He wasn’t the Yankees highest draft pick last year — that went to the relatively safe choice that we’ll find lower on this list — but he did come with perhaps the most tantalizing potential. He’s a monster at 6-foot-7, and you can imagine the daydreams of that sort of size turning on a fastball. He’s a good athlete, with some reason to wonder if he might even be able to play center field. Even if he’s destined for an outfield corner, the Yankees have already said they’re considering an aggressive High-A assignment for Judge. If he hits a bunch of bombs there, the only thing keeping him out of the top five would be his relative lack of experience.
7. 3B Eric Jagielo
Here’s the Yankees top pick in last year’s draft. He’s a proven college hitter at a position of need and he hits left-handed. What’s not to like? Jagielo was the Yankees top third base prospect the moment his name was announced on draft day, and he was a departure from the Yankees recent trend of using their first picks on high-risk high schoolers who’ve shown a tendency to flame out in the lower levels. Fair or not, Jagielo is not seen as having an extreme, superstar ceiling. But he certainly has the upside of a productive everyday player, and given the Yankees uncertainty at third base, the team certainly wants him to remain a consensus top t0 prospect.
8. RHP Ty Hensley
There are a lot of younger, high-upside starting pitchers who the Yankees would like to have forcing their way into the Top 10 at this time next year. You could put Ian Clarkin here, or Jose Campos, or Luis Severino. I’m going to go with Hensley as my best-case-scenario option, largely because he was a first-rounder back in 2012. He’s a big guy, he’s still just 20 years old, and for reasons of both production and perception, the Yankees would certainly love to have another recent first-round draft pick making everyone’s organizational prospect rankings next year. It would really be nice, though, if the Yankees had a bunch of similar options for this spot.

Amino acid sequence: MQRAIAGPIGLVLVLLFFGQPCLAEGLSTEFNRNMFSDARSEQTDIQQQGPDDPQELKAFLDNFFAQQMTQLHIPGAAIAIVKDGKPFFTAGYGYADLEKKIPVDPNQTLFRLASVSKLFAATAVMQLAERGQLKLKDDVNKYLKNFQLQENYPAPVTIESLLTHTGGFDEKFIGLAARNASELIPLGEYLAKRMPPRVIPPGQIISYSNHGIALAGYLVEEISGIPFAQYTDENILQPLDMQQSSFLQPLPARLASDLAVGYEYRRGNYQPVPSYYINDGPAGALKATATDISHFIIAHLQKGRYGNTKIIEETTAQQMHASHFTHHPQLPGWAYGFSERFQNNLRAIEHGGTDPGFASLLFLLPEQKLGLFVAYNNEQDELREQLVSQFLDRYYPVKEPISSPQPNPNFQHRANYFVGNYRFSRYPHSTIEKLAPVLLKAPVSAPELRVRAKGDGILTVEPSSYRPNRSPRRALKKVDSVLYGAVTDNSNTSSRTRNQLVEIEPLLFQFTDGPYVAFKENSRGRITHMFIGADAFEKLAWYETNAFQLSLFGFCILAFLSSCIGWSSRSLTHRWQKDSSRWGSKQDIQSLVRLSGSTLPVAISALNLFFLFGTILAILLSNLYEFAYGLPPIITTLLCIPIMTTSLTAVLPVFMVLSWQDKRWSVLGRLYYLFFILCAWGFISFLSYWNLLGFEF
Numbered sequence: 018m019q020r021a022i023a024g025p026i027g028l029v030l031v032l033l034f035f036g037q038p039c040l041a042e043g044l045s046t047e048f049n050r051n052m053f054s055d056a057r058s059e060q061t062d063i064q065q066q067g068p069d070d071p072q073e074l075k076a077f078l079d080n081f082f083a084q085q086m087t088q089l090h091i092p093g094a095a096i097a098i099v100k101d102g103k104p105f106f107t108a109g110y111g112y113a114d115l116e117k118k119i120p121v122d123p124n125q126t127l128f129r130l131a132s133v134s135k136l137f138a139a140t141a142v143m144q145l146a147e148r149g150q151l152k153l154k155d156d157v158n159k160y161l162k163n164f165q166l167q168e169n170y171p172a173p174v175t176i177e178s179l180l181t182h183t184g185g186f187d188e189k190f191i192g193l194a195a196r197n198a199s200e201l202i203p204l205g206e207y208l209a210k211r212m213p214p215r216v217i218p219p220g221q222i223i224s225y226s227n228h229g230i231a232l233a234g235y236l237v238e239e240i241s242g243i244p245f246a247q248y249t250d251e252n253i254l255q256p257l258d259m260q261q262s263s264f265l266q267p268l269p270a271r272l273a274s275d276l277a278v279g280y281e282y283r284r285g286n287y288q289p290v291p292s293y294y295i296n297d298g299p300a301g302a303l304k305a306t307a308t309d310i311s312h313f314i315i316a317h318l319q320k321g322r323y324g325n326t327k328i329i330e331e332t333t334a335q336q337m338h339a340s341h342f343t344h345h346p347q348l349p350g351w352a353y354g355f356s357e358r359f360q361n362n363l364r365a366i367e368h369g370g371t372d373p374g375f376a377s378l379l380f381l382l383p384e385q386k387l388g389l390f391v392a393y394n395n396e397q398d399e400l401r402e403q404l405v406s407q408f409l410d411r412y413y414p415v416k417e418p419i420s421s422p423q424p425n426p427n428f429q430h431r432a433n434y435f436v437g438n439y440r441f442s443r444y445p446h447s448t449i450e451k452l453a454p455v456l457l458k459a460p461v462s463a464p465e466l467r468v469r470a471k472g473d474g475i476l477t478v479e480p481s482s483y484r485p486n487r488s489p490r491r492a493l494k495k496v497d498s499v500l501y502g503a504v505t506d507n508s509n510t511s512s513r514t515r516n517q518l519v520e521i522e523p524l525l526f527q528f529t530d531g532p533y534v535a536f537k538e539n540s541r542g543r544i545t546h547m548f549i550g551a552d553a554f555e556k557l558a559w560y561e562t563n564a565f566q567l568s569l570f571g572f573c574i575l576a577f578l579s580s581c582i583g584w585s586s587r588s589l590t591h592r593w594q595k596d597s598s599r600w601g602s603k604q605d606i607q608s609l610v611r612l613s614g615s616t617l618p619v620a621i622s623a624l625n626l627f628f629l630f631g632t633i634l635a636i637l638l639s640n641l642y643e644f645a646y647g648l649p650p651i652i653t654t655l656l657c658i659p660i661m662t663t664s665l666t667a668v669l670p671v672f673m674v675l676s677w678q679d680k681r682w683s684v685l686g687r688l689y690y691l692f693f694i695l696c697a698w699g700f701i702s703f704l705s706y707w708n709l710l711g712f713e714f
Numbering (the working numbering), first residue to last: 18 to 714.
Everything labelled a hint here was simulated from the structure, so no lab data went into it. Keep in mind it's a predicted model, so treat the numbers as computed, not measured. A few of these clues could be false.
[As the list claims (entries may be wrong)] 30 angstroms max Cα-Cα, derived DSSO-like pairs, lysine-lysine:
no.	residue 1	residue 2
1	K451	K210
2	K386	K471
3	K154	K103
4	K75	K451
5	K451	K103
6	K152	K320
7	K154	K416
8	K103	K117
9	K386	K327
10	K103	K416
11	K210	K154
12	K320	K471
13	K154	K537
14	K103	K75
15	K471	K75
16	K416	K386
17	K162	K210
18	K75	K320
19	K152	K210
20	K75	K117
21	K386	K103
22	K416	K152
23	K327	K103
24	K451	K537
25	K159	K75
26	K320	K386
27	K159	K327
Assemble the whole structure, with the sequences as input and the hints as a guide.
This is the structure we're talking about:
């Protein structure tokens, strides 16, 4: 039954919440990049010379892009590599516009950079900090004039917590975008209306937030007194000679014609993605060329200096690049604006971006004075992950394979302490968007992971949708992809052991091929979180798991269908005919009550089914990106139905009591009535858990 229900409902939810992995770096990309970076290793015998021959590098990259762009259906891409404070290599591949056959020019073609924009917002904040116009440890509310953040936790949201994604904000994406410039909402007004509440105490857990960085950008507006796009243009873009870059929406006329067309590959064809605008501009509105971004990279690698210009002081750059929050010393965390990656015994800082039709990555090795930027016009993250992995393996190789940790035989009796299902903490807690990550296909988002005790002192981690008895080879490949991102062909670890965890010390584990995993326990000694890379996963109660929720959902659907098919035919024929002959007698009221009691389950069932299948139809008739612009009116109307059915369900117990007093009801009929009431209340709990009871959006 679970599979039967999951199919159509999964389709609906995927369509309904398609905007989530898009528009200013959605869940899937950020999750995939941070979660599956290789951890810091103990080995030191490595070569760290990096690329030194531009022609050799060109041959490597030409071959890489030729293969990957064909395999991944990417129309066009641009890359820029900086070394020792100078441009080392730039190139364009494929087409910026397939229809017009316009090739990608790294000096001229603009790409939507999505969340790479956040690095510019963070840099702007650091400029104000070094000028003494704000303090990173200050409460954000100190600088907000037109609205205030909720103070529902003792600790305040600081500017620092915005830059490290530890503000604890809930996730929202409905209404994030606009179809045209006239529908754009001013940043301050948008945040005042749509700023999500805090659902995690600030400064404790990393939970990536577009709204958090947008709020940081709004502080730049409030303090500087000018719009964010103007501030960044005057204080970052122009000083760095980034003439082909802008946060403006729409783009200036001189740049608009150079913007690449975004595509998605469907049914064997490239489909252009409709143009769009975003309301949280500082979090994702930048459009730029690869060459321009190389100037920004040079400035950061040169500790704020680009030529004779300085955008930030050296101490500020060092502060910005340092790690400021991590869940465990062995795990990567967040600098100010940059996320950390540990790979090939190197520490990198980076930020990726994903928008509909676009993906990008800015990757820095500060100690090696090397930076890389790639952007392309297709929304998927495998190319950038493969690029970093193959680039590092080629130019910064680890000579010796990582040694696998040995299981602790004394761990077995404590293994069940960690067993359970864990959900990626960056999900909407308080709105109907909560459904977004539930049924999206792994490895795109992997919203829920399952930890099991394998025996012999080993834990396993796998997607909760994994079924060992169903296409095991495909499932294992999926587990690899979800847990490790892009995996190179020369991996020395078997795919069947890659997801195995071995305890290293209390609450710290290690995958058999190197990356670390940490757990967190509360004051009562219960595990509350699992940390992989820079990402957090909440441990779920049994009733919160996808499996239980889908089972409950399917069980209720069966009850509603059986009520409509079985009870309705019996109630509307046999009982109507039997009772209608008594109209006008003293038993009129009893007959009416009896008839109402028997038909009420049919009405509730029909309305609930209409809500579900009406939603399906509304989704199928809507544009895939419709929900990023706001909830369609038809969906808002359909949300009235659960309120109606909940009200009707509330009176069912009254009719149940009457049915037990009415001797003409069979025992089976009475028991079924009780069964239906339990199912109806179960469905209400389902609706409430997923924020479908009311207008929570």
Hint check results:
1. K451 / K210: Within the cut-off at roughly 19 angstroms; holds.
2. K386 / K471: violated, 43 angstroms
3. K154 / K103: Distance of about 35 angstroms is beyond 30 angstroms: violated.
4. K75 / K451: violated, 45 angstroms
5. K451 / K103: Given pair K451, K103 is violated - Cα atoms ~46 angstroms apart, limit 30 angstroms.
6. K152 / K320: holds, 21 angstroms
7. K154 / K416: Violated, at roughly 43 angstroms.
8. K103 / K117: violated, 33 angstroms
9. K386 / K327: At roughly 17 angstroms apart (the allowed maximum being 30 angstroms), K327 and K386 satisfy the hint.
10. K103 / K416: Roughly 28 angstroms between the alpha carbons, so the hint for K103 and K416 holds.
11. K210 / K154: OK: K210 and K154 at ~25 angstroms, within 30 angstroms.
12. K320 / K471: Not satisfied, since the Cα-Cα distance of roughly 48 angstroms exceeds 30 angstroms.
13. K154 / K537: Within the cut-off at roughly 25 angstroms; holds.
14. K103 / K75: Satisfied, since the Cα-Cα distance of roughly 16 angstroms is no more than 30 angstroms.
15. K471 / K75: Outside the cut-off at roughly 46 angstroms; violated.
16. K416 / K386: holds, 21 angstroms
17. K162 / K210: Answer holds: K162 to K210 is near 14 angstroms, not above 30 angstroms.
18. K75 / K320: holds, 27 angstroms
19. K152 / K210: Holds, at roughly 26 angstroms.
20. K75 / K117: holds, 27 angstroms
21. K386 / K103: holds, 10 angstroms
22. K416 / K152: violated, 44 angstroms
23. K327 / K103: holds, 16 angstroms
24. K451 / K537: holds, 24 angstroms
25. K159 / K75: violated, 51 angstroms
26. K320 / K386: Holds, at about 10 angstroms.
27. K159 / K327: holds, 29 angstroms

9. 1B Greg Bird
I thought about leaving Bird off this best-case-scenario list because, let’s face it, the development of a first baseman usually isn’t the highest priority. But then you re-read Dan Barbarisi’s story about Mark Teixeira’s wrist — and you look remember that those spring training invitations didn’t include a single minor league first baseman — and you realize that Bird really could be a huge part of the Yankees future. For such a young guy, Bird seems to have an advanced approach at the plate. If more power comes as Bird ages, he could fit the typical profile of a slugging first baseman (which the Yankees might need pretty soon). If the power shows up big time this year, then No. 9 will be far too low for Bird.
10. SS Abiatal Avelino
Here’s the problem with doing something like this: In a best-case scenario, there too many Top 10 prospects to actually fit in a Top 10 list! You could certainly make a case for the Yankees desperately wanting J.R. Murphy or Mark Montgomery or Jose Ramirez to be Top 10 guys next year (assuming they don’t burn through their rookie status this year). And there’s a lot to be said for a guy like Bryan Mitchell having a huge year in Double-A, or Peter O’Brien continuing to hit for massive power, or Gosuke Katoh proving this year’s numbers were no fluke. All of those are viable, but just for fun, what about the emergence — at last — of a shortstop who just might be able to take over the position at some point? It would take some kind of year for a teenager to win a spot on this list (assuming we’re in a best-case world where a bunch of guys have great seasons), which might be all the most reason to think including Avelino would be a really good sign.
Associated Press photo